Let’s explain my experience with

It comes down to being resourceful and discovering ways to help yourself (and your team) through the project, and reserving raising your hand and asking the teacher for very specific moments.”

I have the very opposite problem with strangers — I worried about bothering people so much that part of the reason my Fitbit supervisor refused to write a letter of recommendation for me for grad school applications was that I didn’t ask for help when I got stuck, instead struggling to solve questions on my own that were harder to solve because there’s a lot less MSP430 documentation than Atmega328 documentation online, which I was used to. So I was penalized pretty heavily for attempting to be too self-sufficient. I also discovered I’m not really a fan of writing firmware, but that’s another story.

I do like the point about how building a large go-kart reduces the fudge factor acceptable with smaller projects (on the scale of NarwhalEdu projects which can fit in your hand, and which I think are more appropriate for the freshman level of college).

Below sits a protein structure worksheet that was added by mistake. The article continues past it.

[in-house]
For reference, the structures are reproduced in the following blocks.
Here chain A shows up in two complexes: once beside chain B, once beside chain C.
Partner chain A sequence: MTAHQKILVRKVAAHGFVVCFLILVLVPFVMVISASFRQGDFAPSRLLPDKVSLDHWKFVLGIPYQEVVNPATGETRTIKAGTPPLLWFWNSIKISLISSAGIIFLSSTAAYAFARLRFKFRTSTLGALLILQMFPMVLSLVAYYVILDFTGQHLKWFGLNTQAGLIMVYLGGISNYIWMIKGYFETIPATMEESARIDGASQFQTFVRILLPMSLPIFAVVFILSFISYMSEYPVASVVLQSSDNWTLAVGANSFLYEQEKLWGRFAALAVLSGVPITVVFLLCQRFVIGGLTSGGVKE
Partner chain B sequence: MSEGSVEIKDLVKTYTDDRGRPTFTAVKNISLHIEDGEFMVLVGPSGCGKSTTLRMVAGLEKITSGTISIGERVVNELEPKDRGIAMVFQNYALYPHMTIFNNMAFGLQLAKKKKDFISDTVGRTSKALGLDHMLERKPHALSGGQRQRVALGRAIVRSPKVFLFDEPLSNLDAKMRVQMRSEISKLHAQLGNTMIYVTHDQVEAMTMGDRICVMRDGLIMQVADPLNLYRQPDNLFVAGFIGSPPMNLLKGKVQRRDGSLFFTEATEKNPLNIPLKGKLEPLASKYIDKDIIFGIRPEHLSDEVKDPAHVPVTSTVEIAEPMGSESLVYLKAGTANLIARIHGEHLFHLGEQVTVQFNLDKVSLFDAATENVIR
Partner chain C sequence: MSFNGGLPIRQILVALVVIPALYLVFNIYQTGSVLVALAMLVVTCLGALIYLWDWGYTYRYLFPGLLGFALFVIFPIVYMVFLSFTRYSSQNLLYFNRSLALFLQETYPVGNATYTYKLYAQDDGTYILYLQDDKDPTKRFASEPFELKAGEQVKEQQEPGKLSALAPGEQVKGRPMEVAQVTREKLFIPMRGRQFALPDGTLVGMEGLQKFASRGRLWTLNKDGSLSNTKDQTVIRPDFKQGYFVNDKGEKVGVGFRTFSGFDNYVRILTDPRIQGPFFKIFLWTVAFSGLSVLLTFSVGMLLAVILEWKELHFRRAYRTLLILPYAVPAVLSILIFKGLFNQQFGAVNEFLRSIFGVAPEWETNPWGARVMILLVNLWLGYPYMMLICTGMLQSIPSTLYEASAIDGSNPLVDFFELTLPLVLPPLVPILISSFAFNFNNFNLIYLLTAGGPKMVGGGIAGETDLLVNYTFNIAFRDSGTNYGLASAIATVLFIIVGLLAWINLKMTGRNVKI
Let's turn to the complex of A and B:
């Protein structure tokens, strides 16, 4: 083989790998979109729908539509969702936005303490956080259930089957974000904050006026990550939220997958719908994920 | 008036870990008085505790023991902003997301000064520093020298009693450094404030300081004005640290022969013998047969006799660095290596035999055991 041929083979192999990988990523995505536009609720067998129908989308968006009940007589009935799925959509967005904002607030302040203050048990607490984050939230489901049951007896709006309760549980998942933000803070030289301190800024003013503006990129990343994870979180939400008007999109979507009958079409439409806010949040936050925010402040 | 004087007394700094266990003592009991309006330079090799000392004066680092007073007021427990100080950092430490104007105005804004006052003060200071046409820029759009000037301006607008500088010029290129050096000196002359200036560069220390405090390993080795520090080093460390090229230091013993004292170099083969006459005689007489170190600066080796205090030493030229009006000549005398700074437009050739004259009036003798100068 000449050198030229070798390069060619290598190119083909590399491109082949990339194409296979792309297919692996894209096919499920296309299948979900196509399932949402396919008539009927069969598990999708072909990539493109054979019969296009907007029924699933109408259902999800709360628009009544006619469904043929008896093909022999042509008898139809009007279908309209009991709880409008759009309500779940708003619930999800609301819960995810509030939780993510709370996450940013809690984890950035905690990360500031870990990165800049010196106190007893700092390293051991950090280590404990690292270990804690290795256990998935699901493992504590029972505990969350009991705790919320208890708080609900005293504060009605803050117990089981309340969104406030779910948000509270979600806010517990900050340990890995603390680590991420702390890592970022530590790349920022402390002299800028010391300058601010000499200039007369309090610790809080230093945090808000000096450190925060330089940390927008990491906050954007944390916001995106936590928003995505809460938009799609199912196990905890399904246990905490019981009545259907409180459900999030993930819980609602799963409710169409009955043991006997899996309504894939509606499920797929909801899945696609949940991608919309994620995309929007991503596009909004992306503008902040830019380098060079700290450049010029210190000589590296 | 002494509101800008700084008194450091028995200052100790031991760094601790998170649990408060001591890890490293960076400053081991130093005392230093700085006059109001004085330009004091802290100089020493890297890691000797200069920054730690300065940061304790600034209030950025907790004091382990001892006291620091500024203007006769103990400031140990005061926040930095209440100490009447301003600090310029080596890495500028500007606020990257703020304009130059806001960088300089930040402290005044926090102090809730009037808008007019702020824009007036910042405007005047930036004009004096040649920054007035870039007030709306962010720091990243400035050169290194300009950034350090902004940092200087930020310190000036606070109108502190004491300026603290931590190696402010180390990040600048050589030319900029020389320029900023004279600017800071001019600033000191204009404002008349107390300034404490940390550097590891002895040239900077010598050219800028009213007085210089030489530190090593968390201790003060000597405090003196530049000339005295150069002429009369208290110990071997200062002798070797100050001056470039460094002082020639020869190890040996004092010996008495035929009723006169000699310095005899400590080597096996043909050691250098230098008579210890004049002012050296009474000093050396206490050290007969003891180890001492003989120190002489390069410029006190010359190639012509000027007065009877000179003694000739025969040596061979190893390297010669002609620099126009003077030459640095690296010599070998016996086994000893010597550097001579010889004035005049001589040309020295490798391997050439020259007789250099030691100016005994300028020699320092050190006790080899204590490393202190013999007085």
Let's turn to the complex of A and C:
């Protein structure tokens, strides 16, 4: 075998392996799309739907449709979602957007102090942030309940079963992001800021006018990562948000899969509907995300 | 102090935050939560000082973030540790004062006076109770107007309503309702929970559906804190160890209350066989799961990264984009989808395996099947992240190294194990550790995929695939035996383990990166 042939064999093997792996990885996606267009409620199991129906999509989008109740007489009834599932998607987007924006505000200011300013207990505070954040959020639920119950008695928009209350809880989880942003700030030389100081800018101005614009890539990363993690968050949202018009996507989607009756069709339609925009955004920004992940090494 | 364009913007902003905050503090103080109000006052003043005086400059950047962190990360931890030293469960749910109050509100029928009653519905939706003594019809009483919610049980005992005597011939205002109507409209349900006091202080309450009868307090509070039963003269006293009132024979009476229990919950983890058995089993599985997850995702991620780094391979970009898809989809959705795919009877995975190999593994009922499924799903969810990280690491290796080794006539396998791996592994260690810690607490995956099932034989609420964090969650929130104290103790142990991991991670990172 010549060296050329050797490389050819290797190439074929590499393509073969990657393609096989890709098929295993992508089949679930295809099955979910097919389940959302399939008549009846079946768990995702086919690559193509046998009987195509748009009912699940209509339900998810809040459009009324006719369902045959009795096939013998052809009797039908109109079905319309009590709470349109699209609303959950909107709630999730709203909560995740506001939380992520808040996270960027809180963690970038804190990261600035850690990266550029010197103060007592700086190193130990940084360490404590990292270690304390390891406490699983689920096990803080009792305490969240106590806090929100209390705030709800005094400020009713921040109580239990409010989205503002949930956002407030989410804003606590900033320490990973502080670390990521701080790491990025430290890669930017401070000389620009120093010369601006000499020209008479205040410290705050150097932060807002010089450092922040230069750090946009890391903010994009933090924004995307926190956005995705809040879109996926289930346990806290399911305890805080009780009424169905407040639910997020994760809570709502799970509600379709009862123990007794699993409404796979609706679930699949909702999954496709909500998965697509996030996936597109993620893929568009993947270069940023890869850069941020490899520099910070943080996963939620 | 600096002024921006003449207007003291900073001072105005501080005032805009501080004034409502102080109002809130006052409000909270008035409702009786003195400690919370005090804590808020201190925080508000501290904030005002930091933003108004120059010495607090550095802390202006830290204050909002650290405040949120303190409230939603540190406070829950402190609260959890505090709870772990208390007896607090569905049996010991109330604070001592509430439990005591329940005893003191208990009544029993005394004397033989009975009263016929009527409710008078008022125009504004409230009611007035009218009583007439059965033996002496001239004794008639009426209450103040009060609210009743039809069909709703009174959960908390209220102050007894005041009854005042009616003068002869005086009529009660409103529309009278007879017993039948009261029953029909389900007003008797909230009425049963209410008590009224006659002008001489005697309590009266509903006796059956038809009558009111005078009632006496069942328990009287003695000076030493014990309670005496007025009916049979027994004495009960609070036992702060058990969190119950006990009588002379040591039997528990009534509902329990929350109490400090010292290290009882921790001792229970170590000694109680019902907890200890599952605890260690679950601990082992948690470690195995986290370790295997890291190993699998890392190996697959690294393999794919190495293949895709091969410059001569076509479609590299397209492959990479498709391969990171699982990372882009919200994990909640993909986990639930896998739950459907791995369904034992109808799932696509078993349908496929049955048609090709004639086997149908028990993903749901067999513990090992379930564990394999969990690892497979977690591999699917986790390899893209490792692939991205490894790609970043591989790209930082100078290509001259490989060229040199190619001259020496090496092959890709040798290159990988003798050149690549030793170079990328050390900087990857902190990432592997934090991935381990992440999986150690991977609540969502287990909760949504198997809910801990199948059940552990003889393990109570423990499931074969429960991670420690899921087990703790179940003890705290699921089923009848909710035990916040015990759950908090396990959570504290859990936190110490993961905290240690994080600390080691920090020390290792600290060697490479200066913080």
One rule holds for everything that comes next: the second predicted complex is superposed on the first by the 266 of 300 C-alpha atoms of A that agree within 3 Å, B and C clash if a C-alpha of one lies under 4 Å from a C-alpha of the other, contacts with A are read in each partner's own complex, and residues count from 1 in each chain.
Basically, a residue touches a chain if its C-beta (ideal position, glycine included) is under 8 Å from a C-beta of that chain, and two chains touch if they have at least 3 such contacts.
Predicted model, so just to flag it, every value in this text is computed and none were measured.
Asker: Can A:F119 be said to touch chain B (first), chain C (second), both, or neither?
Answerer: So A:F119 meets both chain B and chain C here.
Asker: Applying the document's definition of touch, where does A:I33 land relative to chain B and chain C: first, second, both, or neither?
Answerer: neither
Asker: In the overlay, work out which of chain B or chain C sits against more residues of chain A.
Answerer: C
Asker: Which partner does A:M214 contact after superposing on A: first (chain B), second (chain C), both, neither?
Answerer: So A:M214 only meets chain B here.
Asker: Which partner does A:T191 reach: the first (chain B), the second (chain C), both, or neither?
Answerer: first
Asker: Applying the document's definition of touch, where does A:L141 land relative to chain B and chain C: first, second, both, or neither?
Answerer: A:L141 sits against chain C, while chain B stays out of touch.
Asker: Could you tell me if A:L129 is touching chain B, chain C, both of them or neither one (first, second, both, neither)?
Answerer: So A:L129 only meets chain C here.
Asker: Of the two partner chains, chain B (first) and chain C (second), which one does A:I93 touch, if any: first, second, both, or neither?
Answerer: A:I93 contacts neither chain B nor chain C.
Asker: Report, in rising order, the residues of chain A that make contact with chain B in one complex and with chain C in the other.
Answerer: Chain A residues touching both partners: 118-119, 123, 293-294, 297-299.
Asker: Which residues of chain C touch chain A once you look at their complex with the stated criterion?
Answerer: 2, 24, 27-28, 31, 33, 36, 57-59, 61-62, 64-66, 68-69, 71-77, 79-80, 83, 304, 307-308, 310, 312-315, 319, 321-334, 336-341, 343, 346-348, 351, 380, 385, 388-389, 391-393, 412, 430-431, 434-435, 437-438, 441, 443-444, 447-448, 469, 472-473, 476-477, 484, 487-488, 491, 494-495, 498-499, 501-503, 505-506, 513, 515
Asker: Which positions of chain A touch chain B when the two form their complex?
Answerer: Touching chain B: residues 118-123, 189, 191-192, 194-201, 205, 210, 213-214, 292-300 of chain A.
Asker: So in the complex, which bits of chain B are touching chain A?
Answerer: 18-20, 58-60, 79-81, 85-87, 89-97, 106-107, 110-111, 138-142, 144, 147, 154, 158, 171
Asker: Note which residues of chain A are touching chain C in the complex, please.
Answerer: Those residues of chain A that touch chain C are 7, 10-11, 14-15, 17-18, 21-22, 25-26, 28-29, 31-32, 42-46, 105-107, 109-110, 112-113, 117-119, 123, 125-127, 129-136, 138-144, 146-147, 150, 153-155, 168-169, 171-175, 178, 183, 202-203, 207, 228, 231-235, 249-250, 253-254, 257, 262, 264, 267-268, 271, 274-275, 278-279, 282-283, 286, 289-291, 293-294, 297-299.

Part 10.

“2.00gokart is not an attempt to start some sort of design revolution, nor is it meant to overturn the foundations of a modern engineering education. It is simply one other path, out of myriads, that motivated and spirited people have built in the interest of advancing the quality and accessibility of education for everyone.”


7. Overall Response

Alright, now that I have finished reading the post, I’d like to provide my response without reading through the ten or so engineering education papers I have queued up. I’ll maybe write another blog post tomorrow.

Charles starts out very strongly with his thesis that hands-on is the best thing since hobbyking and then sort of mellows out toward the end (“there are many paths”). In general, I found this post extremely useful as a snapshot of engineering education and the conclusions and theories about engineering education of one of my fellow MIT/MITERS engineers, as well as a catalyst for my own continued forays into the field of engineering education.